Tony Lee, Introduction to Robin Boyd
Tony Lee introduces the Robin Boyd Foundation and gives a tour of Boyd’s former home in Walsh St, South Yarra, now owned by the Foundation.
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Tony Lee is the Executive Director of the Robin Boyd Foundation. He is an architect and has been involved with the Foundation since its inception. Tony is currently researching the work of Robin Boyd and compiling a catalogue of Boy’s work which will be published by the Foundation later this year. He is also creating a database of original drawings, photographs and interviews with original clients and building owners that will be available on the Robin Boyd Foundation's website.
My name's Tony Lee. I'm an architect, and I work with the Robin Boyd Foundation.
The foundation was established two years ago. The reason for establishing the foundation was really to promote the work of Boyd, who's Australia's most significant architect in many people's eyes.
Robin worked from the late '40s through to 1971, when he died, during which time he was responsible for a lot of very innovative design, particularly in housing, that has led the agenda for many of the houses we live in today.
But Robin was quite unique in that he was also very active in the broader community in talking about design and promoting good design, so he was a public educator.
So the foundation was established, really, to continue the work that Robin was doing in promoting the benefits of design to the broader community, and making sure that a house like this could be retaining perpetuity as an example of the best of the work of the '50s and '60s.
TONY LEE: We're currently sitting in what's known as the Robin Boyd House II or 290, Walsh Street, South Yarra. It was a house that Robin designed for his family in 1957.
It was built in 1958, and the family moved in in '59. As I said, it's the second house that Robin designed for himself, the first being in Camberwell, which was a very small, basic house they lived in just after they were married.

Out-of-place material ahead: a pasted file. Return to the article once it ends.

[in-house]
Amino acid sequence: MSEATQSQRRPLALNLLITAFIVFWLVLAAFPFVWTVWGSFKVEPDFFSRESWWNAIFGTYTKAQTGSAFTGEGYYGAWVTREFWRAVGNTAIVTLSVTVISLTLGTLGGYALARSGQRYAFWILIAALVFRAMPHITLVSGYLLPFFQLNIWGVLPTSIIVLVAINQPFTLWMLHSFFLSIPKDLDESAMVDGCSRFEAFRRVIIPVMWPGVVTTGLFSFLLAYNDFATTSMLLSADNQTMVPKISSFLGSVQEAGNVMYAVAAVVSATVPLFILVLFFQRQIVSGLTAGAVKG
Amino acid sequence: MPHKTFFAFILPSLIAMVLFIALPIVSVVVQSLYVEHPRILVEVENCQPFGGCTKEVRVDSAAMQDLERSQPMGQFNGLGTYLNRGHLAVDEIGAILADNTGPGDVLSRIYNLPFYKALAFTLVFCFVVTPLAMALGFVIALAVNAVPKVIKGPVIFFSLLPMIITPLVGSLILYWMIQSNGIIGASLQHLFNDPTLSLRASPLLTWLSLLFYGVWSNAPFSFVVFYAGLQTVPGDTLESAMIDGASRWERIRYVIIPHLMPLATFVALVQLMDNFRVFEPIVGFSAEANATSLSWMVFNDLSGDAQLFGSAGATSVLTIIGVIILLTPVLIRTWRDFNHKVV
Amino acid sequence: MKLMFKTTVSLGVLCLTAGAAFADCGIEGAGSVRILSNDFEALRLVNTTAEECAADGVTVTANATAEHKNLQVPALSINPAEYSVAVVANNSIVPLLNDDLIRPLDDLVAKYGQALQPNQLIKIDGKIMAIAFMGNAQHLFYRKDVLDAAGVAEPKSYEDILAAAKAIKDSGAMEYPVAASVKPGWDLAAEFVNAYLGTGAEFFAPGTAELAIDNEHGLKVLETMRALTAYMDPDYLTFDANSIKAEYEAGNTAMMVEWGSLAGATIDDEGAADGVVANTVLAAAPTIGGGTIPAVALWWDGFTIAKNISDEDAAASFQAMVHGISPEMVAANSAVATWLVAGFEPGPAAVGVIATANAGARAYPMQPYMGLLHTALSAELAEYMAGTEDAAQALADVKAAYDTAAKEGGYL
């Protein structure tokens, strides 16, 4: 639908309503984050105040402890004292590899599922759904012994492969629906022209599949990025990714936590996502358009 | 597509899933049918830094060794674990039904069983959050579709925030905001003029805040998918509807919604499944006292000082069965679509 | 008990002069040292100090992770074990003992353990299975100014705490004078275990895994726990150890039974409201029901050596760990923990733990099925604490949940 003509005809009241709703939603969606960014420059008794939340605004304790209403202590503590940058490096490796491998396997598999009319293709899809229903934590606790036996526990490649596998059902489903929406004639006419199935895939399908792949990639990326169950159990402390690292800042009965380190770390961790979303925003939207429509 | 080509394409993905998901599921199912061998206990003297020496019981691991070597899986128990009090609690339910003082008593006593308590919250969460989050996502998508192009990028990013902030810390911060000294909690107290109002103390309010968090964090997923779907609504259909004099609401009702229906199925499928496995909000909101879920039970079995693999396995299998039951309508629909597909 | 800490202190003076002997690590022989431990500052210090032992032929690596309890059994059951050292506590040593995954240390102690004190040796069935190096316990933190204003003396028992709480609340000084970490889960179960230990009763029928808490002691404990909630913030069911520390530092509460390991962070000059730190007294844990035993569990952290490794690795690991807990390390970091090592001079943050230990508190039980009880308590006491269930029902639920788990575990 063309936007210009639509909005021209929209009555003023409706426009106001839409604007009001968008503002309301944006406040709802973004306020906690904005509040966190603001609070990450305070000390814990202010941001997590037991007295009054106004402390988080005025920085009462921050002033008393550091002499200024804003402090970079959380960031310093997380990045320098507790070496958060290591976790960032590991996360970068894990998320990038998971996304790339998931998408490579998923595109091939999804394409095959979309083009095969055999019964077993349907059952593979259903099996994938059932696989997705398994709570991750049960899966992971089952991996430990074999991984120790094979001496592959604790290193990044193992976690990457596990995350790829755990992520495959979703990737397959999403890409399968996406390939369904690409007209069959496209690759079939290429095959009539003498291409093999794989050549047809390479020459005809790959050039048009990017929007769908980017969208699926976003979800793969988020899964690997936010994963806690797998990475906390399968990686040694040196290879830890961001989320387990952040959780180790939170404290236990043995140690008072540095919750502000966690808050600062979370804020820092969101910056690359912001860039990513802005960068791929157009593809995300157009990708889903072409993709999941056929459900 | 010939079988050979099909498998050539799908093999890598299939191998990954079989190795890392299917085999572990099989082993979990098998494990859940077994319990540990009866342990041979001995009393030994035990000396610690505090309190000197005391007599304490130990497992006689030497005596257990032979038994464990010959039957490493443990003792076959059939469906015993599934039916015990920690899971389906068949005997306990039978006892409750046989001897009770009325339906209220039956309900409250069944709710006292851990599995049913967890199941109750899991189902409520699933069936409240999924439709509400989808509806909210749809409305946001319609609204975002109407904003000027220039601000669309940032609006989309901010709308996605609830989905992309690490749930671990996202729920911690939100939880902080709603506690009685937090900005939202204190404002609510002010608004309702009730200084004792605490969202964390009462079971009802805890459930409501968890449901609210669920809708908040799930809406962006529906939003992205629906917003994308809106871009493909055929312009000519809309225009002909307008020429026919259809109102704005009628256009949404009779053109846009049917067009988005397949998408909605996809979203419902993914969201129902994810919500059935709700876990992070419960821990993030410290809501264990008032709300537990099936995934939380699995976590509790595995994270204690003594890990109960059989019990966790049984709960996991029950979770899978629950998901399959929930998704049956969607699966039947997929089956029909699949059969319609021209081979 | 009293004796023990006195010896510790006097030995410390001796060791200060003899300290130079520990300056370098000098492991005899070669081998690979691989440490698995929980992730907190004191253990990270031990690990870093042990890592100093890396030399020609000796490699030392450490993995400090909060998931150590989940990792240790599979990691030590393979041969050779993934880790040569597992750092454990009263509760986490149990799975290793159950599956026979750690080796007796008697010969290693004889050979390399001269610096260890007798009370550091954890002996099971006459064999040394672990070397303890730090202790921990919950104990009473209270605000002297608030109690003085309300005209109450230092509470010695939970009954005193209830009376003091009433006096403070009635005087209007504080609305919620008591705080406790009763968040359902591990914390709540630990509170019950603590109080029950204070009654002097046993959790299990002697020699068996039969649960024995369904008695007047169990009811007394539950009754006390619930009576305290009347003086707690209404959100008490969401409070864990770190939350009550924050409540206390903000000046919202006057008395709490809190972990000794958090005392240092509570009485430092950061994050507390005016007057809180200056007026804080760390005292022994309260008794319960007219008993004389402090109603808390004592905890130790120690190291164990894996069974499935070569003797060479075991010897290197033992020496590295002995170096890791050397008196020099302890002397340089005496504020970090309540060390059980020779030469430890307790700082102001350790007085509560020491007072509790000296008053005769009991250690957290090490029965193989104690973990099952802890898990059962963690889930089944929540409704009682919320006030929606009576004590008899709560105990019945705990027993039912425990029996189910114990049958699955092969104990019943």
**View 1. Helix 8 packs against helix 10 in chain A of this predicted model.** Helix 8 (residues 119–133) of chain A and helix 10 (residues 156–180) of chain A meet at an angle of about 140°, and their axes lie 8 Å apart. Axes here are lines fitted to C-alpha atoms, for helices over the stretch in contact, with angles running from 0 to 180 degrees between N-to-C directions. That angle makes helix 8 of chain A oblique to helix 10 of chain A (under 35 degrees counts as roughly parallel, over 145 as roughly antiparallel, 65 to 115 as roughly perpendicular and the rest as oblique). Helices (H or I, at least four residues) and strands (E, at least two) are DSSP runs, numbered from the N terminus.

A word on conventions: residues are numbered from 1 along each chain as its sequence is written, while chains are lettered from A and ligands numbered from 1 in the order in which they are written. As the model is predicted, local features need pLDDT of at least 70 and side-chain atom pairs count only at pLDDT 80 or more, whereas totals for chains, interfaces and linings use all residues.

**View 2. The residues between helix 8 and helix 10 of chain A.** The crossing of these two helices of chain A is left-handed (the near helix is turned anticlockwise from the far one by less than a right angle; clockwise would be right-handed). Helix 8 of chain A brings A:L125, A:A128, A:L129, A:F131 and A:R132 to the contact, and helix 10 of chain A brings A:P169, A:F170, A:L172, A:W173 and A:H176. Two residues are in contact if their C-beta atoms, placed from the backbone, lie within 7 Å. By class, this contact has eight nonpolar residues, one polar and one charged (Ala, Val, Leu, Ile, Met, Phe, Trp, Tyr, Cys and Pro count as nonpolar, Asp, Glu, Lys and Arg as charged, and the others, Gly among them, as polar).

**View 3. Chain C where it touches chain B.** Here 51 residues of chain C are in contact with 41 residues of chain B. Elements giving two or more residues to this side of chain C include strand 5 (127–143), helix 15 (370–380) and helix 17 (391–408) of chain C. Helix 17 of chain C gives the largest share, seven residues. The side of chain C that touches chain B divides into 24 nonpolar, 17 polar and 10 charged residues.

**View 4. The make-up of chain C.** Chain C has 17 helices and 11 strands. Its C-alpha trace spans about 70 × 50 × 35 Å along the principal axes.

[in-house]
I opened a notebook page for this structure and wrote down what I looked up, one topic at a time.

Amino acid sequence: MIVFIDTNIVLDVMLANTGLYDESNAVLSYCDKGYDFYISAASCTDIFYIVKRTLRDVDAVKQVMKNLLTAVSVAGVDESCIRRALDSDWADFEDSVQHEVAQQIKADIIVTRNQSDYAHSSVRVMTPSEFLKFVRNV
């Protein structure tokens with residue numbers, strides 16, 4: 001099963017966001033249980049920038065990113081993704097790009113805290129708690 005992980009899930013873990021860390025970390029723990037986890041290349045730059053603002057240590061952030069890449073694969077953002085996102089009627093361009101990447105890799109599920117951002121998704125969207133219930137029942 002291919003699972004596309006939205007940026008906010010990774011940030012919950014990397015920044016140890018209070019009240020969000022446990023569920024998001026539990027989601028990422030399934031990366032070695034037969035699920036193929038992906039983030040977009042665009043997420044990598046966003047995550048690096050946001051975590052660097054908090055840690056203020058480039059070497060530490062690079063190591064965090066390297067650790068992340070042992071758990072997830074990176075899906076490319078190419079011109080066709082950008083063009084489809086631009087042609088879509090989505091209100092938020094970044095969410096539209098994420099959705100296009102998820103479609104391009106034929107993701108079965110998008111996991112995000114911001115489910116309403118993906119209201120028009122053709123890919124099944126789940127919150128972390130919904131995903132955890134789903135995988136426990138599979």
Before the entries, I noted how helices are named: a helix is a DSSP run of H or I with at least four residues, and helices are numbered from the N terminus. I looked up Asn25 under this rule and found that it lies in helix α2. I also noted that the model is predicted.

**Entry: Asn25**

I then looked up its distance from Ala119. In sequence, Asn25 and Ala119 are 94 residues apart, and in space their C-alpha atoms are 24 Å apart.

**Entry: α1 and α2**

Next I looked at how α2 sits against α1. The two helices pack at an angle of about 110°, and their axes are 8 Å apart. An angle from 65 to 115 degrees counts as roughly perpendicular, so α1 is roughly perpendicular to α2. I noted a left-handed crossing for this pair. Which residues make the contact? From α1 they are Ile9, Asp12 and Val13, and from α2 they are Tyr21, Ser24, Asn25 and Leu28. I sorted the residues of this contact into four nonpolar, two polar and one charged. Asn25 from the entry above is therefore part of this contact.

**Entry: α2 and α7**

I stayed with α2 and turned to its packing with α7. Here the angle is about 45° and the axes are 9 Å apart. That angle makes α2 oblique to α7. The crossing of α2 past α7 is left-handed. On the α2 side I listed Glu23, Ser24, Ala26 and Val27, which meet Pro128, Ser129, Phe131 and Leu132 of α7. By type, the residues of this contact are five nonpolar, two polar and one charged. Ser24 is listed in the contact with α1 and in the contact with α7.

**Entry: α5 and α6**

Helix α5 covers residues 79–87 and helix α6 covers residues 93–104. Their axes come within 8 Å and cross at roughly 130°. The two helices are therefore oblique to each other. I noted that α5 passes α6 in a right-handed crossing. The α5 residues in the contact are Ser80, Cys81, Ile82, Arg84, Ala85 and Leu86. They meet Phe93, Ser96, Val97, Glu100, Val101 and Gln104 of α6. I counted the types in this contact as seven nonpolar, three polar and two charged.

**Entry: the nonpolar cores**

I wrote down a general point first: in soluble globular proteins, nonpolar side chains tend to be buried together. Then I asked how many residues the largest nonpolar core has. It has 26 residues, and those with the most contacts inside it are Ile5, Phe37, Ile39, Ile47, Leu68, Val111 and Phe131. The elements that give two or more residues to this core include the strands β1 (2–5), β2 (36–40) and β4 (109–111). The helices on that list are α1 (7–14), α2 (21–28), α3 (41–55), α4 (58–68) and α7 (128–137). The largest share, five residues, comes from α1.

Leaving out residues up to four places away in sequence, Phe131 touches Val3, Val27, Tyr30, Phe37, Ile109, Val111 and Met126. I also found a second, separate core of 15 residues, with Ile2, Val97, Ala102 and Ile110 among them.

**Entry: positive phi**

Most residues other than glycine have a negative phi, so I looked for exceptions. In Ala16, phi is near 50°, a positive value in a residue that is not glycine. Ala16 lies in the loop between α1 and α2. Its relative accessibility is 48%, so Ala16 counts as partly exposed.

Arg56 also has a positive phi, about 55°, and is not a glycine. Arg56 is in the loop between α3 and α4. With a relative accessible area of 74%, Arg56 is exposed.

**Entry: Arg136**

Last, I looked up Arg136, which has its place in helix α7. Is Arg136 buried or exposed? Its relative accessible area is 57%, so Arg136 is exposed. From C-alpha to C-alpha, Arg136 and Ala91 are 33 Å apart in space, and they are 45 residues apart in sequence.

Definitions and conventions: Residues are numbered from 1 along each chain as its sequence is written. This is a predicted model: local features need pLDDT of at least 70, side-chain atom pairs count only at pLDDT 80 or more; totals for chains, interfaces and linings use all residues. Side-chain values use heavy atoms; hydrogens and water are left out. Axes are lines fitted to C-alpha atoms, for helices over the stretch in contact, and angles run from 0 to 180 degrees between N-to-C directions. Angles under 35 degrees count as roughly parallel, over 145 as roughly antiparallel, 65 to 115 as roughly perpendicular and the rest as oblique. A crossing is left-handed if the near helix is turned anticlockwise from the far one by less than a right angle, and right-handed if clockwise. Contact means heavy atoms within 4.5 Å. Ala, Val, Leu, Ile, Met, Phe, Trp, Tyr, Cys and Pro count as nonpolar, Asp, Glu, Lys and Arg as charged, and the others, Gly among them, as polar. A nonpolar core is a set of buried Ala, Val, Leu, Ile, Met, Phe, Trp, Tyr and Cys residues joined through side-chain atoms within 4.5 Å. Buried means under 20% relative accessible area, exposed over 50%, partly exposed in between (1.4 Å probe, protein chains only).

And this house came about when Robin and his wife, Patricia, came back from the US, where Robin had been lecturing at MIT, and they decided they wanted to live closer to the city.
So they wanted an inner urban house, and Robin designed this house.
This is a very unique house in that it embodies a lot of the principles that Robin Boyd was so keen to develop and promote.
It's a modern house. It displays incredibly innovative planning.
It's an open-plan house that reflects today's living needs more so than the living needs of the '50s.
Incredible use of materials, very, very simple, elemental design detailing and just a wonderful space to be in.
It has an incredible courtyard, which is an integral part of the house, which becomes an external living environment - which, again, is an aspect of Robin's work that's pretty unique in the days, which was controlling the external space to be part of the living space of the house.
One of the key elements of Robin's design that transpired over his whole career was the notion of platforms for living within a volume.
So he developed this series of platforms that had different activities within the larger volume of the house. It all feels like it's part of one single volume.
The house is essentially two pavilions, and there's an incredible story as to how those pavilions came about.
Boyd had designed a new house for himself and his family here at the front of the site. It was a three-storey volume. And the design was virtually completed, it was in for planning permit approval.
Robin was finishing the work off.
During school holidays, the kids were running around the house that he was working in, and the activity and the noise, he found really disturbing.
He threw those drawings away and started again and designed the house as two separate units - one, the formal living area for himself and his wife and secondly, a wing for the children, so they were quite separate.
And the children refer to that as the 'Far End'. It was visible from this pavilion and linked by bells, but they were discrete, separate buildings on either side of this incredible courtyard.
In order to live comfortably in such an open environment, one had to be very aware of the other people in the house and work comfortably with them. Otherwise, it would be total chaos.
Downstairs, we have a space that is what would today be called the family room.
There's a living area, there's a TV, stereo, there's a formal dining area and open to that, there's also a combined kitchen and laundry.
The kitchen is a galley kitchen - which, again, is very similar to what many people are designing and living in today.
There's an incredible photograph taken by Mark Strizic in the early '60s of Robin's wife, Patricia, standing in the kitchen, and the photograph was used as an advertisement for the Gas and Fuel Corporation, and the caption on the time was 'The modern woman's ideal kitchen'.
The whole house is incredibly progressive. When we walk through it today, it feels very comfortable and very familiar. But when you think that the house was actually designed 50 years ago, it's incredibly progressive and quite radical for its time.
Because at the time it was built, most people's houses consisted of individual cells - one for the kitchen, one for the laundry, one for the dining room, etc.But this house basically exploded all of those cells into one single, combined volume, which was an open-plan space like most of our houses are today.